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At least two Australian companies reportedly purchase masks made with allegedly forced labour in China

Author: The Guardian (UK), Published on: 30 July 2020

“Face masks made with allegedly forced Uighur labour in China are being sold in Australia”, 22 July 2020

Face masks manufactured at a Chinese factory using allegedly coerced Uighur labour are being sold in Australia, the Guardian has learned…

At least 200,000 face masks made by Hubei Haixin Protective Products Group Co Ltd in China and then sent to multiple distributors in Australia are in question, and consumers may be unwittingly buying masks made by allegedly coerced labour.

Experts are now warning local face mask distributors, governments and consumers to ensure their supply chains are not tainted by factories using forced Uighur labour…

… a report by the Australian Strategic Policy Institute thinktank identified a series of factories linked to a program of forced labour involving 80,000 Uighurs…

One of the factories named in the ASPI report belonged to the Hubei Haixin Protective Products Group Co Ltd, which manufactures personal protective equipment in Hubei province, central China, and exports to a range of countries, including Australia. ..

The company confirmed to the Guardian it exported supplies to Australia, and that Uighur people were part of its workforce under the government’s policy “supporting Xinjiang development”…

It declined to comment further when asked about claims of forced labour.

The Guardian has established that at least two Australian companies have purchased stocks of surgical masks from Hubei Haixin for local distribution.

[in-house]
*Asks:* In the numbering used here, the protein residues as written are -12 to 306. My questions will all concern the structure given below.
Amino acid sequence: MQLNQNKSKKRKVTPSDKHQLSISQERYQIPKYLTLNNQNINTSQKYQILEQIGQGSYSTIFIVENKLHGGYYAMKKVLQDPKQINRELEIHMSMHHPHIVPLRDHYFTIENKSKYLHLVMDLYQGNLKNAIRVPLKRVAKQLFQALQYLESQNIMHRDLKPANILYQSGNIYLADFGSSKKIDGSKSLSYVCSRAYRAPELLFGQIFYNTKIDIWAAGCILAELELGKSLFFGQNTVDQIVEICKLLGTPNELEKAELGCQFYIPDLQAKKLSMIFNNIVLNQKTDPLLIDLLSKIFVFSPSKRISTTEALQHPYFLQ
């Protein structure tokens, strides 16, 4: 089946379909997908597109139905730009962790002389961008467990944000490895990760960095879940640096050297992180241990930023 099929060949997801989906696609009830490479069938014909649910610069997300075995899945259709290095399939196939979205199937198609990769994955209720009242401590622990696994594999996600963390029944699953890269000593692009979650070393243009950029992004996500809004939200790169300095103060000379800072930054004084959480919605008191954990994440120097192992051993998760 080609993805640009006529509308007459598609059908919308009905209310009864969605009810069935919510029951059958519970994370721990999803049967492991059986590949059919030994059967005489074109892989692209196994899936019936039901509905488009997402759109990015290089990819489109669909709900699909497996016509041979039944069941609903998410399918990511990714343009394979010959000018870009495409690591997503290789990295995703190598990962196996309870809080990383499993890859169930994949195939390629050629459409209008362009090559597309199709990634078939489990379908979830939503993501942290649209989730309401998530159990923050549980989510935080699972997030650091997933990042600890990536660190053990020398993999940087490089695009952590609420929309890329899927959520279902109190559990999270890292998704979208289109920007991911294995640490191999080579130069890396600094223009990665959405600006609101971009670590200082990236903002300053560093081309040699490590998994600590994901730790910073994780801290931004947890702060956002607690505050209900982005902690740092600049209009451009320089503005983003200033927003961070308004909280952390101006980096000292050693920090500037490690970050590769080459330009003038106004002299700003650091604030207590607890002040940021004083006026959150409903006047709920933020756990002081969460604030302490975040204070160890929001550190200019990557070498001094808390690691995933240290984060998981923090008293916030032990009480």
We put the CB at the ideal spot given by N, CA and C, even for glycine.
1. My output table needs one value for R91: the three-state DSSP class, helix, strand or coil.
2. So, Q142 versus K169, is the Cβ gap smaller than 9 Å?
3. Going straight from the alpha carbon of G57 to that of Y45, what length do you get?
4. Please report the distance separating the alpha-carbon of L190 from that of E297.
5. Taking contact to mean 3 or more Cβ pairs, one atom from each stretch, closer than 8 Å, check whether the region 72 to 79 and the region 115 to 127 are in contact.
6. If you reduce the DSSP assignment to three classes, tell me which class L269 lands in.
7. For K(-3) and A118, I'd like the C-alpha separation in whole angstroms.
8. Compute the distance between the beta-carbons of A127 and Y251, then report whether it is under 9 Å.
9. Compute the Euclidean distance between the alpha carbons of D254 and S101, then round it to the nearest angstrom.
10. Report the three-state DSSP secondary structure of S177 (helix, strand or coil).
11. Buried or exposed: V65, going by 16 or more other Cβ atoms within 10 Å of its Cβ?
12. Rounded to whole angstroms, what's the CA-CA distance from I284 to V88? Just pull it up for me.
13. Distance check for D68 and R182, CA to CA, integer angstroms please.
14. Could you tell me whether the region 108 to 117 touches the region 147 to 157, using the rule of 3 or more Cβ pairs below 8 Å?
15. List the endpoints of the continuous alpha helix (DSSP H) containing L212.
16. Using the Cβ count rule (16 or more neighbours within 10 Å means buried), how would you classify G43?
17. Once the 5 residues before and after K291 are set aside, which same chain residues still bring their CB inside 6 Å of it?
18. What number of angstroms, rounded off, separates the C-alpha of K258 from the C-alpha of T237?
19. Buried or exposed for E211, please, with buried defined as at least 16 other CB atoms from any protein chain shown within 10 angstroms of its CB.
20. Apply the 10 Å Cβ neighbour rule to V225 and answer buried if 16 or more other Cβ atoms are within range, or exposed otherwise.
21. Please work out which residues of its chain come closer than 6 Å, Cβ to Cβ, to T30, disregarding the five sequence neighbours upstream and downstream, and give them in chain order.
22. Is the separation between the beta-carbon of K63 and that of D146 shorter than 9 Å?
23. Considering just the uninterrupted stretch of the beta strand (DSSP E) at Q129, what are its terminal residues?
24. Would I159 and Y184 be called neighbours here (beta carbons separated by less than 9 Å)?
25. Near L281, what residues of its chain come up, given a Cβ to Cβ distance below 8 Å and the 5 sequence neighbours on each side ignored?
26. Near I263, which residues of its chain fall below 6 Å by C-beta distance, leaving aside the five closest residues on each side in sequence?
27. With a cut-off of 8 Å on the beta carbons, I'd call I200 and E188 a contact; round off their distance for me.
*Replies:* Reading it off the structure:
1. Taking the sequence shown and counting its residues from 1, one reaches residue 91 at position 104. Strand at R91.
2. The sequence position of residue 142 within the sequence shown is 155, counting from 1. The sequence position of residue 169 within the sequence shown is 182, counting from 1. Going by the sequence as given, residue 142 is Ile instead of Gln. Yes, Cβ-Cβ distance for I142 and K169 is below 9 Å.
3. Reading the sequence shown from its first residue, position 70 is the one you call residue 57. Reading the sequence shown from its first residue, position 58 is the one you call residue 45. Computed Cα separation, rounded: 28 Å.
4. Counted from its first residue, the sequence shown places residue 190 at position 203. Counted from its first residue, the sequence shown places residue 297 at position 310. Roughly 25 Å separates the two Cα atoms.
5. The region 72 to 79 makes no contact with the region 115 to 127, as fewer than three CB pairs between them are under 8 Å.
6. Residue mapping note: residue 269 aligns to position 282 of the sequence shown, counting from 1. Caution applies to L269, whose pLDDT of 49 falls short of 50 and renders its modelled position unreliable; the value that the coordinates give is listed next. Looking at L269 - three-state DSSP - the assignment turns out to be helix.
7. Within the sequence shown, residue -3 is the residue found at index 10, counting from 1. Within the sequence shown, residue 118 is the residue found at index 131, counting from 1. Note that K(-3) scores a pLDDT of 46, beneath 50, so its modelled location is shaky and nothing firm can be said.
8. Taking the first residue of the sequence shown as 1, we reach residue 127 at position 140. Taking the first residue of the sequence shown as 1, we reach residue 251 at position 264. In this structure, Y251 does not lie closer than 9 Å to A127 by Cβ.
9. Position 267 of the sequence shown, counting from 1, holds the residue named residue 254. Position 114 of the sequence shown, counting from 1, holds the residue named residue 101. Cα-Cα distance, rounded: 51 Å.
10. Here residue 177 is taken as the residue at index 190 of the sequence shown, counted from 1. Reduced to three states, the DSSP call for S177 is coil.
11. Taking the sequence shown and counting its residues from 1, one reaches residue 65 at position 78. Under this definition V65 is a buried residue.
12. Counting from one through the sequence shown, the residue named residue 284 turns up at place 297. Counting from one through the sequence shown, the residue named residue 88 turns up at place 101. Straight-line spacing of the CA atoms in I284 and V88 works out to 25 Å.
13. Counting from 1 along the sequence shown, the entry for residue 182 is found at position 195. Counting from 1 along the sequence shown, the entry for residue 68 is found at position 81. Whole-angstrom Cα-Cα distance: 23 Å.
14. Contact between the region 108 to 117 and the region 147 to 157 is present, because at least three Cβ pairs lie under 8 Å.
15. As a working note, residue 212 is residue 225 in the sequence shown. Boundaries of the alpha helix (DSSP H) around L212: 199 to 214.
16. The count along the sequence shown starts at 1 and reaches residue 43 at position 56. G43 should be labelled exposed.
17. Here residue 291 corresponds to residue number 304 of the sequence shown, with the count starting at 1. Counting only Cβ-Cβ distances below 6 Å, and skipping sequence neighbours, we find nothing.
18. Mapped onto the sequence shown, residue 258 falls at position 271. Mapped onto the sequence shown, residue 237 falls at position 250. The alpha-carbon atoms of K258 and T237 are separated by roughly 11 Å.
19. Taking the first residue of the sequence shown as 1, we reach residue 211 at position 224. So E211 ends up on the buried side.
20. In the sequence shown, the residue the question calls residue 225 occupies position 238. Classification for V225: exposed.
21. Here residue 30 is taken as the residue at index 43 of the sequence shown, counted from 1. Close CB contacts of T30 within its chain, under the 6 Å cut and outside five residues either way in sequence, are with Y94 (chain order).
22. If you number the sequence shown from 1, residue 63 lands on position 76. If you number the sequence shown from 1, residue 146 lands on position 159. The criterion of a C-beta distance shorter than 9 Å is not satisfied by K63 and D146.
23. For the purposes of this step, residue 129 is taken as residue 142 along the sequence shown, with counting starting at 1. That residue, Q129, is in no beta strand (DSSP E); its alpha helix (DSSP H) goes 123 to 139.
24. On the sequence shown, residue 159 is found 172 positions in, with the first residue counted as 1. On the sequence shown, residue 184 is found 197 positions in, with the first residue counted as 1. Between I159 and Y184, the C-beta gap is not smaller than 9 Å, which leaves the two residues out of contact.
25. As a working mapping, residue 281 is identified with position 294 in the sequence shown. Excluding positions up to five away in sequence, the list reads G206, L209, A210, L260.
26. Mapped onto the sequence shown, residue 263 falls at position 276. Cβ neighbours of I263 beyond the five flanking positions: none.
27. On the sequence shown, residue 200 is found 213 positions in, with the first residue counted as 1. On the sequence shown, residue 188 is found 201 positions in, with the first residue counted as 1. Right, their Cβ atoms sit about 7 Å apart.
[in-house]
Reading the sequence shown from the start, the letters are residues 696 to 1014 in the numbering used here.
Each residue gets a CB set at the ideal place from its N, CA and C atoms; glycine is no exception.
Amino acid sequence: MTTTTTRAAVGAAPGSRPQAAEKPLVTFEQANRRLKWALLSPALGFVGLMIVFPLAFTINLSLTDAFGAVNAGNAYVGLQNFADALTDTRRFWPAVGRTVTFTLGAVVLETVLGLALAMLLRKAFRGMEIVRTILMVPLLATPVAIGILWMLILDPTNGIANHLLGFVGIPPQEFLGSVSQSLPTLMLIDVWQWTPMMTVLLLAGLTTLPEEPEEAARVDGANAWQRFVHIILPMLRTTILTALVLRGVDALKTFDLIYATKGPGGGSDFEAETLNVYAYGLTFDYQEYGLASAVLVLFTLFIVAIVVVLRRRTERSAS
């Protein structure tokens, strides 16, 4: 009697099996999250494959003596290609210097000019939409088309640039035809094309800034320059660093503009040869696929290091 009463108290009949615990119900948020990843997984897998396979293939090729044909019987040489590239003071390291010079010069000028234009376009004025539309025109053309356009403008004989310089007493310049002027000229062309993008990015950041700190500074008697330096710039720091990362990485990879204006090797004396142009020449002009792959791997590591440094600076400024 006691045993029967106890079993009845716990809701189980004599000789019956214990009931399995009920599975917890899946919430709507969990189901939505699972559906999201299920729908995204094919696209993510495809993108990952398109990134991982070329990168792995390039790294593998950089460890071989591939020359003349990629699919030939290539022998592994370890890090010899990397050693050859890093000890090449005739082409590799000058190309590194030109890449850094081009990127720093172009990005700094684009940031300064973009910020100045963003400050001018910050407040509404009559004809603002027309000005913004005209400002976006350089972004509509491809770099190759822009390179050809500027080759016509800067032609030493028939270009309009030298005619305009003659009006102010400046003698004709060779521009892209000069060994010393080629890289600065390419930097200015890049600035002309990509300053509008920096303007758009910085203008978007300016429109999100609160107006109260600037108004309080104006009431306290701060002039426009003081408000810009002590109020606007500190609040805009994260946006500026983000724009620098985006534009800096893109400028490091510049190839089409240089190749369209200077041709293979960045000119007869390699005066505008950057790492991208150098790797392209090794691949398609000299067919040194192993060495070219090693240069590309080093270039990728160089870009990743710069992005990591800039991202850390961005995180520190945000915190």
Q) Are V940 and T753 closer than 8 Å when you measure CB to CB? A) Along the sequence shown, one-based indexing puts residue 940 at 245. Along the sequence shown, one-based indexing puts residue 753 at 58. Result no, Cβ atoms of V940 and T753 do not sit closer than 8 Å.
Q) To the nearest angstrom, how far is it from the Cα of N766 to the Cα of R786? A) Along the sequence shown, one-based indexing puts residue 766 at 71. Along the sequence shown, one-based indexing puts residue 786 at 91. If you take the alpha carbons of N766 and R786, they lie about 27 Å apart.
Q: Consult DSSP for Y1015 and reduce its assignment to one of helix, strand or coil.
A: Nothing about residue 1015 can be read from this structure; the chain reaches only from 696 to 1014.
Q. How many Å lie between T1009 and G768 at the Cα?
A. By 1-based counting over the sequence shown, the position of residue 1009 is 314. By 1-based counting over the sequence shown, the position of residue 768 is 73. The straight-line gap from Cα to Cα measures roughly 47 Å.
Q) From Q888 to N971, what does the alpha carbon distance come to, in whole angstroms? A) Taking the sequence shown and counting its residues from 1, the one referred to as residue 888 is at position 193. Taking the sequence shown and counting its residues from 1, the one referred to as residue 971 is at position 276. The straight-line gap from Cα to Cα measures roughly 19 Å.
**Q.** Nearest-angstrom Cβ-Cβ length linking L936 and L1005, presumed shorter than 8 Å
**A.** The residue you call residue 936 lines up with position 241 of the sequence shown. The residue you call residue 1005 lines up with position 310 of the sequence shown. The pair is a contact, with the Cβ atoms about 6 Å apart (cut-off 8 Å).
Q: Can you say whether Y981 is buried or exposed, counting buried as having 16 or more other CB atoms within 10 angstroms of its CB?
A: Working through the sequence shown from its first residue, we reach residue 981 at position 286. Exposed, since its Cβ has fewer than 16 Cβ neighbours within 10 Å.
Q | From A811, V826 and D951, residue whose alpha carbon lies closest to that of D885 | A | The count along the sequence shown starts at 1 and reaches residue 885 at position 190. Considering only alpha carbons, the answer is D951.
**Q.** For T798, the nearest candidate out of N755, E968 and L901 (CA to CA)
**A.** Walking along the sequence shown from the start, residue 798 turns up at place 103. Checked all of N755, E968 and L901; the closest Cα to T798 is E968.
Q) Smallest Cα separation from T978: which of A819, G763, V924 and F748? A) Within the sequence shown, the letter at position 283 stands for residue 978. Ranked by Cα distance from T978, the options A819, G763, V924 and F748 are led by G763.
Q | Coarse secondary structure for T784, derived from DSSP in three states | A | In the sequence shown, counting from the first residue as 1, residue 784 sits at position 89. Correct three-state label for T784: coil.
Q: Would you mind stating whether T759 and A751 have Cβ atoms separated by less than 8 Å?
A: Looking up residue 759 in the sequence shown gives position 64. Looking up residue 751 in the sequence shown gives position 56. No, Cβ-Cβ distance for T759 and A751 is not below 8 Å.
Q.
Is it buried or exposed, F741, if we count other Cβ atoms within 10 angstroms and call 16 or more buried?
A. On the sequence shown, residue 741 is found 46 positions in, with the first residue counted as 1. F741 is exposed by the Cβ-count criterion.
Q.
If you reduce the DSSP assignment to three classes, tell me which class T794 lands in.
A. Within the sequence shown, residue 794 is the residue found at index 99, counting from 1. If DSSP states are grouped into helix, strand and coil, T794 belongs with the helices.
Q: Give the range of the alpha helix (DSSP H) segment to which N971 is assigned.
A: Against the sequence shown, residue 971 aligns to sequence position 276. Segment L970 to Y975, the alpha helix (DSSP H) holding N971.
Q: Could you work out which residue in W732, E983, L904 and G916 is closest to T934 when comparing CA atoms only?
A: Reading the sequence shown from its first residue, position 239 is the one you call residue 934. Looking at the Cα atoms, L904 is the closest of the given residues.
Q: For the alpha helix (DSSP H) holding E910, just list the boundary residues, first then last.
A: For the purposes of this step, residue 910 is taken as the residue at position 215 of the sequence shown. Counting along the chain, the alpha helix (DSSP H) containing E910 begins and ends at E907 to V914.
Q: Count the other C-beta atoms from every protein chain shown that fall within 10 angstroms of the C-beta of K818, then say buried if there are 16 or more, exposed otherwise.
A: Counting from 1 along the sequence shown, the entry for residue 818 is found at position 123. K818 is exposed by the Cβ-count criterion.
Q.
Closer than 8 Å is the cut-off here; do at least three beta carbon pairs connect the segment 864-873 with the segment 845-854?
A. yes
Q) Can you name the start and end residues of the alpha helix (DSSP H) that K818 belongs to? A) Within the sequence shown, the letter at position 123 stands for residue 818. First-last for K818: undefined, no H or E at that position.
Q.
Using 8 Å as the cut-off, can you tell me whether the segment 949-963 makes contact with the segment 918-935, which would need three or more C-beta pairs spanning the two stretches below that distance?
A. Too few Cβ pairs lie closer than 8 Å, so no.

Both said they were unaware of the use of Uighur labour, and have expressed concern about the allegations.

One of the companies, MCG Electronics, says Hubei Haixin has shipped roughly 200,000 masks to various distributors in Australia since the beginning of the pandemic…

Experts also say western companies face extreme difficulty in auditing supply chains in China due to the secrecy and sensitivity surrounding its treatment of Uighurs.

The ASPI analyst Vicky Xu, who investigated the Uighur labour program with research assistant Stephanie Zhang, said it was becoming “absolutely impossible” for auditors to conduct normal human rights checks on factories in China, making due diligence extremely difficult…

The second Australian company, My Queen Pty Ltd, was also unaware of the allegations of Uighur labour use, and only purchased one batch of masks from Hubei Haixin. The company has no plans for further purchases…

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